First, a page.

Trango Crag Pack ReviewJanuary 17, 2017
- Large internal volume
- Carries heavy loads well
- Stands up on its own for easy loading and unloading
- Outside dimensions large, awkward in narrow places
- No internal pockets
- Lack of back panel air circulation
The Trango Crag Pack’s 48L capacity combined with its stout suspension system, handles both sport and trad climbing loads. This haul bag style pack stands up on its own, making packing and unpacking quick and easy. Although simple in basic design, this pack has features that effectively address issues commonly encountered while at the cliffs. These aspects, combined with the price, make the Trango Crag Pack extremely attractive.
The Trango Crag pack comes in two sizes, regular and short. The regular size fits this 6-foot-tall tester with medium build well. The double aluminum vertical stays (can be bent to fit) combined with load lifters on the shoulder harness, provided satisfactory comfort that didn’t degrade even as loads approached 35 pounds. Although the back panel has mesh lined foam inlays, the foam’s low density allowed the tarp like material to ride against the back, limiting air circulation, making hot days feel hotter.
The simple suspension system, essentially comprised of only two vertical aluminum stays (removable) worked together with the stiff, tarp like material to provide a stable ride that is actually optimal when the pack is full. The pack’s material will keep it upright when partially loaded, but lack of compression straps can allow contents to shift, which may bother some climbers.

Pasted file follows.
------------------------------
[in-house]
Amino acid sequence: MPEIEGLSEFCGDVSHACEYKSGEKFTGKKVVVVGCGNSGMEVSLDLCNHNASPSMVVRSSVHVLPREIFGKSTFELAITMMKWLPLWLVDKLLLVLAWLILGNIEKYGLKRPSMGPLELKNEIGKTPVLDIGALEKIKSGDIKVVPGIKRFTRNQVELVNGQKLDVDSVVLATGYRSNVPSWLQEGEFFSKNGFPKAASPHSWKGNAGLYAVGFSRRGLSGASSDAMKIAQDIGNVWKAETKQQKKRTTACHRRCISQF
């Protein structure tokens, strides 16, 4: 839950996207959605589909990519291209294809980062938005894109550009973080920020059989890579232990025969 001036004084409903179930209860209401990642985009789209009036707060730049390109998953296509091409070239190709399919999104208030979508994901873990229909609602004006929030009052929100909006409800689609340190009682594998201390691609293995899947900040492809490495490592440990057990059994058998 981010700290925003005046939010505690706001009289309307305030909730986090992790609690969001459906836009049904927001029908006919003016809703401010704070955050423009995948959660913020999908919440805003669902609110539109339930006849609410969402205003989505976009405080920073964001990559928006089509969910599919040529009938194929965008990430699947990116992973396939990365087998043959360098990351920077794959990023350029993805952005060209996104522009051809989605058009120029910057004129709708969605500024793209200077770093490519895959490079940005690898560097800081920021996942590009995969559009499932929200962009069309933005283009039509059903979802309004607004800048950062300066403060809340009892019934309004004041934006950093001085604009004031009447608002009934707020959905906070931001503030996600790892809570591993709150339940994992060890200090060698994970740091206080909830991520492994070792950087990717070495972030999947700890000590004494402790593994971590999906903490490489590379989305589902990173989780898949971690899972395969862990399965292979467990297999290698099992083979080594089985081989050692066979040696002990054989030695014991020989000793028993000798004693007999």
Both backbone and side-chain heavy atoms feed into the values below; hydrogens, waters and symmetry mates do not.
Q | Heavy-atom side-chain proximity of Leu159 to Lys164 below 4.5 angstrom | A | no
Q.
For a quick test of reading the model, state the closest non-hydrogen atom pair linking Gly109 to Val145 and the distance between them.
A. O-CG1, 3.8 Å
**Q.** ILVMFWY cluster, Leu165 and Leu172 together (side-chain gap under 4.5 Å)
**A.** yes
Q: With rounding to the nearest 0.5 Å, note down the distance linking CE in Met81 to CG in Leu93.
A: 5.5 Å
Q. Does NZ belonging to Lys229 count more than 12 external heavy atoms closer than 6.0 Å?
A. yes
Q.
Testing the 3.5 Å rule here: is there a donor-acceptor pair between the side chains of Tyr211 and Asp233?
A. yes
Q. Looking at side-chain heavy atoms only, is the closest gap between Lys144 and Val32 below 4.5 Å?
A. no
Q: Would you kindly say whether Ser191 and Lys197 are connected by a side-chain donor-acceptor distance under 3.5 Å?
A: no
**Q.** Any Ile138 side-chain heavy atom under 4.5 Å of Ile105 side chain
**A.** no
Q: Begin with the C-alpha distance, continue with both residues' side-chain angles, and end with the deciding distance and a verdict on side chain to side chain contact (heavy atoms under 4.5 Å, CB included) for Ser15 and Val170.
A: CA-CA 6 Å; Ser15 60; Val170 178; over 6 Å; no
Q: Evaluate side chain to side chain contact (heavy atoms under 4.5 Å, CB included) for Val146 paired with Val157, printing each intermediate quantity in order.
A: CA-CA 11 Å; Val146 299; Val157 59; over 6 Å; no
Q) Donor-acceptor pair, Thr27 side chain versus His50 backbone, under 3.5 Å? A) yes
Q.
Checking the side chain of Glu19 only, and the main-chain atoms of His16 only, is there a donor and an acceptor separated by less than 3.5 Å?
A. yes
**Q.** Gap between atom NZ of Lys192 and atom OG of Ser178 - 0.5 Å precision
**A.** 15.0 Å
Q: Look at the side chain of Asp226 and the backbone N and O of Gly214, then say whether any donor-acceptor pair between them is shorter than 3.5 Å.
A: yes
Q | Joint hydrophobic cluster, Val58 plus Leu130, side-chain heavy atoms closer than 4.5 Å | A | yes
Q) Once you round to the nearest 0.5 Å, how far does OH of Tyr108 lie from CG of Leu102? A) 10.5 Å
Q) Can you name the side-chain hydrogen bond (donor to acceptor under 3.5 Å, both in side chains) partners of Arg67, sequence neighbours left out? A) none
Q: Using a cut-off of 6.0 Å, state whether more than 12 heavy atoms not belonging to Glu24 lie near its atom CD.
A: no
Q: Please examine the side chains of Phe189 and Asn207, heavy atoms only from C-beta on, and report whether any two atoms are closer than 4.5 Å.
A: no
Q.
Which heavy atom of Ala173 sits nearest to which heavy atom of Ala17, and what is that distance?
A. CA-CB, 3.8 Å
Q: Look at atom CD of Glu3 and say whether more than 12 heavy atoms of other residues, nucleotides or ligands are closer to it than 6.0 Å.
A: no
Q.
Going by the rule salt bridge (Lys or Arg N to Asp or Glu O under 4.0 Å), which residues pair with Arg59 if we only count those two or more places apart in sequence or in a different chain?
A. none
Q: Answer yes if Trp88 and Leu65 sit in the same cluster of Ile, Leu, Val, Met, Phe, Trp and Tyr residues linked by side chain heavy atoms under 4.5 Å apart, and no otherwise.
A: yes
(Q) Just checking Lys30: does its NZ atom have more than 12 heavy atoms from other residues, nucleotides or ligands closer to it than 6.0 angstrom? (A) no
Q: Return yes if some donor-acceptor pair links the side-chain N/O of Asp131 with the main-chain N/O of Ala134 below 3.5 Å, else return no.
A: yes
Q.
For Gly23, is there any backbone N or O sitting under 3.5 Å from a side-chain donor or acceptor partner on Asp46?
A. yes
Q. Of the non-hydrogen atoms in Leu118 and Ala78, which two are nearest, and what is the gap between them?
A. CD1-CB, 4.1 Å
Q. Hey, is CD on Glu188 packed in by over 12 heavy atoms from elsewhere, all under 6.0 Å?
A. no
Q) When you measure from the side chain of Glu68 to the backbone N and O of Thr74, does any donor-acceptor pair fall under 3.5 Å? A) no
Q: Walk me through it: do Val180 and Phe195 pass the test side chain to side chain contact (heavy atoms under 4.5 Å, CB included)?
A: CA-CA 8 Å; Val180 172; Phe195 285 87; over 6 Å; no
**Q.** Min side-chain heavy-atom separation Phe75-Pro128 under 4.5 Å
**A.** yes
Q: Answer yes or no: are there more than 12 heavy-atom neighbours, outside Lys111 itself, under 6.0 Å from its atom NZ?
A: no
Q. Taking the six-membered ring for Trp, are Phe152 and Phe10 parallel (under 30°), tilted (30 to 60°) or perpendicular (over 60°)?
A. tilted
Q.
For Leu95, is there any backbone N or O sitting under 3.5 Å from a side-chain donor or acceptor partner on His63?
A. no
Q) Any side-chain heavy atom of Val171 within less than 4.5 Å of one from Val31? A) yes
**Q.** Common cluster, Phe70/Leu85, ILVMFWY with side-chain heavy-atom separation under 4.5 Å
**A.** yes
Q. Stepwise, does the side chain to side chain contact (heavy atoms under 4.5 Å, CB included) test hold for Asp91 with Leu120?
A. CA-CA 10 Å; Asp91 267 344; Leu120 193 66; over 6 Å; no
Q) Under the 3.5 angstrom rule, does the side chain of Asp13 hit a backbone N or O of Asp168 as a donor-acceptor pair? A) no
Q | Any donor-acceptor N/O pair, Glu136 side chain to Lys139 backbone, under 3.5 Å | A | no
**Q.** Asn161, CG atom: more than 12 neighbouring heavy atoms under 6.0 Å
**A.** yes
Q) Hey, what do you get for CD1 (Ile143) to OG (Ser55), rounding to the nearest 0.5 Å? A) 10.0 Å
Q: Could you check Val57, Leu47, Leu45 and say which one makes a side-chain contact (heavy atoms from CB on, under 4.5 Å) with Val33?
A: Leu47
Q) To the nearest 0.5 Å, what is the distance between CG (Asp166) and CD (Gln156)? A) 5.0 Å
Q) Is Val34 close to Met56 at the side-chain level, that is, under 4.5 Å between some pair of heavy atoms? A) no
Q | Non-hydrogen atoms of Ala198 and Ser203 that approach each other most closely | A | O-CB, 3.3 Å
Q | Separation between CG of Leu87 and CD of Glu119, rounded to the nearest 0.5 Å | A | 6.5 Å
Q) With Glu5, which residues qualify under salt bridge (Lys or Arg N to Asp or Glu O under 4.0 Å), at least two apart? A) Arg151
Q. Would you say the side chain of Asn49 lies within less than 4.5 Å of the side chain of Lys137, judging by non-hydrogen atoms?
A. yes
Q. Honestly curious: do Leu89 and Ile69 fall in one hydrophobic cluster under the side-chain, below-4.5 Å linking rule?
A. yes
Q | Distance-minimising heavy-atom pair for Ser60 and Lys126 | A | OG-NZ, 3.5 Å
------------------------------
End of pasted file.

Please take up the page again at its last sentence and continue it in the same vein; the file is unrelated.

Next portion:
The Trango Crag Pack’s 48L capacity contains even full length ropes and trad racks without complaint. The single large, tube style compartment has a full size top opening, making stuffing bulky items easy. An almost full length vertical zipper allows quick access and easy packing of smaller volume items while on the go. External storage options like a large mesh pocket for climbing shoes and a pair of large side pockets (can carry larger water containers), not only allow convenient access while on the approach, but also keeps the main interior volume free of some clutter. The lid has a zippered top pocket for smaller sundries. Buckled straps on each side of the pack allow exterior lashing of clothing and gear, and proved perfect for a stick clip. While the large volume and external storage options proved handy, the large overall dimensions can prove awkward when negotiating narrow areas on the approach.
The coated tarpaulin “Titan Wrap” material used on all main exterior facing surfaces warded off abrasions without issue and the simple basic design leaves little to break. The haul bag design, with main top opening and lack of compression straps, keeps stress off the main zippers, which are YKK #10 units. Non-minimalist straps and buckles add to the durability.
Extras are simple, but effective and usable. The aforementioned exterior mesh shoe pocket allows airing while traveling between sectors and after climbing. One side pocket accepts most guidebooks, allowing route searching without removing the pack. The other side pocket has a tethered mini tarp, providing a clean area big enough to shoe up or lay out hardware. The top zippered lid pocket contains a key clip and as mentioned, side straps accommodate a stick clip. The pack also comes with a roll of 25 mini trash bags.
Seiji specializes in climbing, but his interests have spanned a wide array of outdoor pursuits. Based in Wimberley, TX, Seiji has worked in several aspects of outdoor sports, including coaching, training, guiding, gear design, and writing. Find out more about Seiji at seijisays.com.